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I know these are the bomb for ripping through pipe or tubing on the jobsite, but I’m a little uncertain as to the usefulness of one of these in the home shop environment.  It’s been my experience that they make a crapton of debris and fling it everywhere, which wouldn’t be a good thing if you’re in a shop that’s shared by the significant other’s car.

On the other hand, it’s probably a good ten times faster than a band saw.

What do you think?  Let us know in comments.


13 Responses to Hot or Not? Metal Chop Saws For Home Shop Use

  1. Tom says:

    We have one in our scene shop and it comes in handy for cutting all types of metal stock. We have a Porter Cable, but you can get one from HF for under $100 for the occasional use if you have the need. They are cleaner then trying to use an angle grinder, or sawzall.

  2. DaleC says:

    I use one of the HF one’s with a dewalt blade in my home garage for metal projects. When cutting, I place it in the driveway and shoot the sparks to the edge of the drvieway for easy cleanup. It’s very loud.

    I’ve cut square tubing, angle iron and 2.5″ exhaust tubing for welding. In order to make a square cut with the cheap HF saw, you must not press too hard. Flat bar stock is difficult/time consuming. If you are cutting something that is really too large for a 4.5″ cut-off wheel to handle, and doing it more than once, I would buy one of these. It’s always in my way, or taking up space on a shelf, but when I need it, I really need it.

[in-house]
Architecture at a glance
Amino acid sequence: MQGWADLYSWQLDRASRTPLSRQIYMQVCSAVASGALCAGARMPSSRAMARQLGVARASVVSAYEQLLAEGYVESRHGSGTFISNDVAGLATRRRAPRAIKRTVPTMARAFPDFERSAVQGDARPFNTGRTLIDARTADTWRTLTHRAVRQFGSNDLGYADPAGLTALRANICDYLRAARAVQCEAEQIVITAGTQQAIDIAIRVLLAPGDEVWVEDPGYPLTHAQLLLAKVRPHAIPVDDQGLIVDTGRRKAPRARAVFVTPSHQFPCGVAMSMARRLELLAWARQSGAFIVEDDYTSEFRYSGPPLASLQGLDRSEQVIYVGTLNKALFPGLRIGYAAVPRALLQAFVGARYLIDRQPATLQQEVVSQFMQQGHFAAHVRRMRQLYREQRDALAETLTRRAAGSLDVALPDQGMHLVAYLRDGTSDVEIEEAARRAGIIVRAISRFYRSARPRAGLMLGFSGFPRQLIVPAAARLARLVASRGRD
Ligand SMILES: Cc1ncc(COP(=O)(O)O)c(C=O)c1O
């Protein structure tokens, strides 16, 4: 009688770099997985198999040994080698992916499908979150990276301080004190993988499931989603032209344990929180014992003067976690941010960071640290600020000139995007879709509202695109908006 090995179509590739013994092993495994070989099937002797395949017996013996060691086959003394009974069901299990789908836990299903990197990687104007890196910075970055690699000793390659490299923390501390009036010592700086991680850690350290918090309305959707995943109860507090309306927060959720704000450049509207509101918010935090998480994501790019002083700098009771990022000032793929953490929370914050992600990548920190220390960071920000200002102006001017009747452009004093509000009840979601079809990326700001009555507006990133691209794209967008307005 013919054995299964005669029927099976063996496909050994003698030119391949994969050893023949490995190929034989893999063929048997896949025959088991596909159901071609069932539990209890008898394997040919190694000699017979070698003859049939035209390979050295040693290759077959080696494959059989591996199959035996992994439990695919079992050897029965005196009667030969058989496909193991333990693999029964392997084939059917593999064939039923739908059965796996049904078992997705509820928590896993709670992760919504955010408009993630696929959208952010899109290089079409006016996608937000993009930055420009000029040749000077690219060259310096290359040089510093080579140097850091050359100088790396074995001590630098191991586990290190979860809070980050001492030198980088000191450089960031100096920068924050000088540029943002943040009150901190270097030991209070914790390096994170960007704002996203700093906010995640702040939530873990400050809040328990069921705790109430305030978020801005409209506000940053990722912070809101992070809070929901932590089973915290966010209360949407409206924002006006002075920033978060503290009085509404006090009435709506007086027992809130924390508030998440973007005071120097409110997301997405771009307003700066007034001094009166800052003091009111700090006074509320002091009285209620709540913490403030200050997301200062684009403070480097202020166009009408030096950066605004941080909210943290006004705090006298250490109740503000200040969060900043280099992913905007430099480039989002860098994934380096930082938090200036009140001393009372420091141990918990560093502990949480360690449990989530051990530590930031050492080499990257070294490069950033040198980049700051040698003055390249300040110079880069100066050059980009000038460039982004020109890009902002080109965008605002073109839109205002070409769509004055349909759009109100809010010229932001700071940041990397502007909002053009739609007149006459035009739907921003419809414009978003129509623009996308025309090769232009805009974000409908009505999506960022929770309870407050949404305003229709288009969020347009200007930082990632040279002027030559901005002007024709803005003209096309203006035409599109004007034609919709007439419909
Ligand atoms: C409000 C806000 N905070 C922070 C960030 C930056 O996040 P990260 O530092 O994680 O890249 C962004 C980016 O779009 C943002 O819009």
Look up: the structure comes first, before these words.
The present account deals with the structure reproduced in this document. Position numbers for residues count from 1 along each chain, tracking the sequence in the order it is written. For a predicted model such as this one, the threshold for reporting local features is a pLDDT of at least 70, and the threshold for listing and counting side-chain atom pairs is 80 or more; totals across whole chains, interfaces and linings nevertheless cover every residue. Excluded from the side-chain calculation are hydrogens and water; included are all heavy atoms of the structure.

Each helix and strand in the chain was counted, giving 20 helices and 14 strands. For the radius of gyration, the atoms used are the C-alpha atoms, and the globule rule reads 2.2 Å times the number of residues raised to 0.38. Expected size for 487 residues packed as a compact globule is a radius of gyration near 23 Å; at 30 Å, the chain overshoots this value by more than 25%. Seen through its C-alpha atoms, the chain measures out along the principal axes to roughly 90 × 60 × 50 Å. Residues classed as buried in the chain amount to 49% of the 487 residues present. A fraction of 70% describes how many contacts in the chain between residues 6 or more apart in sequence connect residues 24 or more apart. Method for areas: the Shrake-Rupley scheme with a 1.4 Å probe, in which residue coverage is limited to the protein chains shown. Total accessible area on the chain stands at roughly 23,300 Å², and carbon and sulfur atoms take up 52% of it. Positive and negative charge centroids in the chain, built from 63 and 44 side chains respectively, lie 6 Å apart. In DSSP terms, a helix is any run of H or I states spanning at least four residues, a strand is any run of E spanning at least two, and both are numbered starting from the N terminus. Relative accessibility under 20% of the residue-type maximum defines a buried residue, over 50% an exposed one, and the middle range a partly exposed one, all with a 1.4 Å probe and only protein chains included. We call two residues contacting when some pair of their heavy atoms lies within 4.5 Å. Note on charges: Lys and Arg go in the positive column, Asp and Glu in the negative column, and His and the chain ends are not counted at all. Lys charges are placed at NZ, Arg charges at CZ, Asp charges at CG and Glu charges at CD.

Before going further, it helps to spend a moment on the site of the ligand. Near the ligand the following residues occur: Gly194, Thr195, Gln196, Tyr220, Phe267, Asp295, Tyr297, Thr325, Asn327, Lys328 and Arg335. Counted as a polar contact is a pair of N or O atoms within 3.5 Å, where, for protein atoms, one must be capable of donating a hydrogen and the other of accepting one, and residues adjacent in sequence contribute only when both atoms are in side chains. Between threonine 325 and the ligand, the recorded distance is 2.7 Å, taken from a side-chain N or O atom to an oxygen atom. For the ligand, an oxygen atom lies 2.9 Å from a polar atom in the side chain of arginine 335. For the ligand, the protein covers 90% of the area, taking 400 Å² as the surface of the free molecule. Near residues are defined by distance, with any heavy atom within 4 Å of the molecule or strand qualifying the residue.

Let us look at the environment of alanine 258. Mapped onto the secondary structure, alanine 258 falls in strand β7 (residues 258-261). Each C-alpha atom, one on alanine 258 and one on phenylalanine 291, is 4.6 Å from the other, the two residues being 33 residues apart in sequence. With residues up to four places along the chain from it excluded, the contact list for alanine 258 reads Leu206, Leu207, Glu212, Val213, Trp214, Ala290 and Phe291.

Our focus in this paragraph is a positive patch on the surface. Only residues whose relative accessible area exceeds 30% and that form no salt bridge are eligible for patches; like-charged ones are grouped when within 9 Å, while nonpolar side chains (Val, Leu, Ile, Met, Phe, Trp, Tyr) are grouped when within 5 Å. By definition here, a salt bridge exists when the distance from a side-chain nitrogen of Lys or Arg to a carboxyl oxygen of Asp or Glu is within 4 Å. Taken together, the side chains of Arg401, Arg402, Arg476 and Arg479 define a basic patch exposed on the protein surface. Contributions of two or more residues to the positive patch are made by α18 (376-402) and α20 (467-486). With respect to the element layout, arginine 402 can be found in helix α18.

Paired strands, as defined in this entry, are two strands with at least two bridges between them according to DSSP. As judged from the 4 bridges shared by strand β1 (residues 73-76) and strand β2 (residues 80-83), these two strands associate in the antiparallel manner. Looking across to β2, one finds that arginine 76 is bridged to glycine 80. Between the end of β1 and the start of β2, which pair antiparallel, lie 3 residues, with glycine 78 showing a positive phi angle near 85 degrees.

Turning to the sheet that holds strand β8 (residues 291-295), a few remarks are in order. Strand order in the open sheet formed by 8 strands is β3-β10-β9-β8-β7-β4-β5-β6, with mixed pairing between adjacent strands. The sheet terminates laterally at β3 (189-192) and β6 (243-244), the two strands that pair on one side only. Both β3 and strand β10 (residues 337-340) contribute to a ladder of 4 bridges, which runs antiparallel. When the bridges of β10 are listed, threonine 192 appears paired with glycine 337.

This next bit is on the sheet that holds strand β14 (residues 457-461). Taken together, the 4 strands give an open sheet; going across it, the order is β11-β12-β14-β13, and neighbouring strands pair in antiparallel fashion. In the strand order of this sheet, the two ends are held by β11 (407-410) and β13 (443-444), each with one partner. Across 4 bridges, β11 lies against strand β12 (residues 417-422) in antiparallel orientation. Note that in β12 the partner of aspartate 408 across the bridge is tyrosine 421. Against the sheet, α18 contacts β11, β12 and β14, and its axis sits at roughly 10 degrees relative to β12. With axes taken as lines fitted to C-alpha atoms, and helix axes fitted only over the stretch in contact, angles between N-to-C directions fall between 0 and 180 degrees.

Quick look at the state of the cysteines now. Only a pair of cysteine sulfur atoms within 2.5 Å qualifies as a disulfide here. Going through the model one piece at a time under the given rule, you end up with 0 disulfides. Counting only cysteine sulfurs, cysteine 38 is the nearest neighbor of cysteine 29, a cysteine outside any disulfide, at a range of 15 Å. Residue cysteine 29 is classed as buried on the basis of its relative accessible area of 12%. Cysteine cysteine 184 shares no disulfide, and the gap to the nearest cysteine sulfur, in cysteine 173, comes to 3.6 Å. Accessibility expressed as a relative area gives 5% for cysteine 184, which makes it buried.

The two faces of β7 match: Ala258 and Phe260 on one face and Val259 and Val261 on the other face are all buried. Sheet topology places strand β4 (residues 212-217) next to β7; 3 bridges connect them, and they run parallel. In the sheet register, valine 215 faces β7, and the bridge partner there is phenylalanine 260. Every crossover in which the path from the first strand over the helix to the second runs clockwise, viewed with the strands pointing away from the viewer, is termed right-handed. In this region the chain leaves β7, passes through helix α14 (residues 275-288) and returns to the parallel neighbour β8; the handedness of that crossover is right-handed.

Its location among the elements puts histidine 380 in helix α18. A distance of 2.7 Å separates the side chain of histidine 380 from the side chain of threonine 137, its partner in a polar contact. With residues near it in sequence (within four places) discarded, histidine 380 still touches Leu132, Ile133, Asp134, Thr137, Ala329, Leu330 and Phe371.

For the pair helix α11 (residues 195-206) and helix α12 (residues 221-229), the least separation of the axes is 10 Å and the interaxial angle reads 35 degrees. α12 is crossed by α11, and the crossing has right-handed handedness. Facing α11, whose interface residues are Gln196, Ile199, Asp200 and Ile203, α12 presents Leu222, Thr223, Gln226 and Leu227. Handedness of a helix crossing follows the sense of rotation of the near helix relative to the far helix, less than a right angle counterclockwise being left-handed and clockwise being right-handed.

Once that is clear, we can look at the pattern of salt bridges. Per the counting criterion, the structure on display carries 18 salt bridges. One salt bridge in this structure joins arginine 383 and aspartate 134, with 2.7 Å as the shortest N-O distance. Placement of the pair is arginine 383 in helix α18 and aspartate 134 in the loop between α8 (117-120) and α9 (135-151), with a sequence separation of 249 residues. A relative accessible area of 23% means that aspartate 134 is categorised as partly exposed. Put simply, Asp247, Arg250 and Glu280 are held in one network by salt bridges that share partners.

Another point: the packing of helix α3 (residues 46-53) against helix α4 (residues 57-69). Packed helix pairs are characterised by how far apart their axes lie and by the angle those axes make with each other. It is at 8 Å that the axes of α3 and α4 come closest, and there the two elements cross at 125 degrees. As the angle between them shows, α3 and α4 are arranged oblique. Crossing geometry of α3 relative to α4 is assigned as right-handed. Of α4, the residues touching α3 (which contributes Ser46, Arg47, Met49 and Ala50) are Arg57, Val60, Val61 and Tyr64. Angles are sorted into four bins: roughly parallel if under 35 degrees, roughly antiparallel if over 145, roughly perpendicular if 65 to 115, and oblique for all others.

3. Steve Thompson says:

    I have an inexpensive HF saw as well. They’re 85 bucks right now, but I think I got mine on sale for a lot less – hence I didn’t feel bad about buying a little-used tool. That said, once I had it, and bought a 110v welder I find this tool essential. Most of the welding I end up doing involves mitre cuts, or at least square cuts – usually in square tube stock – and I don’t know how I would do it without this tool.


  4. Piett says:

    I would avoid using one of these indoors at all costs. Too noisy and they leave bits of metal and cut-off wheel all over the place.

    Compared to using a 4.5″ cut-off on a grinder they are great, much more precision.

    Not good for taking off small amounts of material though. In those cases the blade will wander away from the intended cut line off to where there is less material and the cut ends up angled.

    Still if you are cutting tubing, pipe or narrow stock with straight cuts these are hot.

  5. Eric G. says:

    Hot. I do not have a band saw so making cuts in metal bar or tube that are _square_, having one of these is essential.

  6. dlone says:

    I have one of the HF models, and mostly it works OK, but I’m wondering if anyone has good or bad experience with different brands of blades. I’m guessing that some may be more accurate than others. Any suggestions?

  7. olderty says:

    Aren’t there water (or some liquid) based models? Like a tile saw? I’ve seen those… I’m sure they keep down the debris.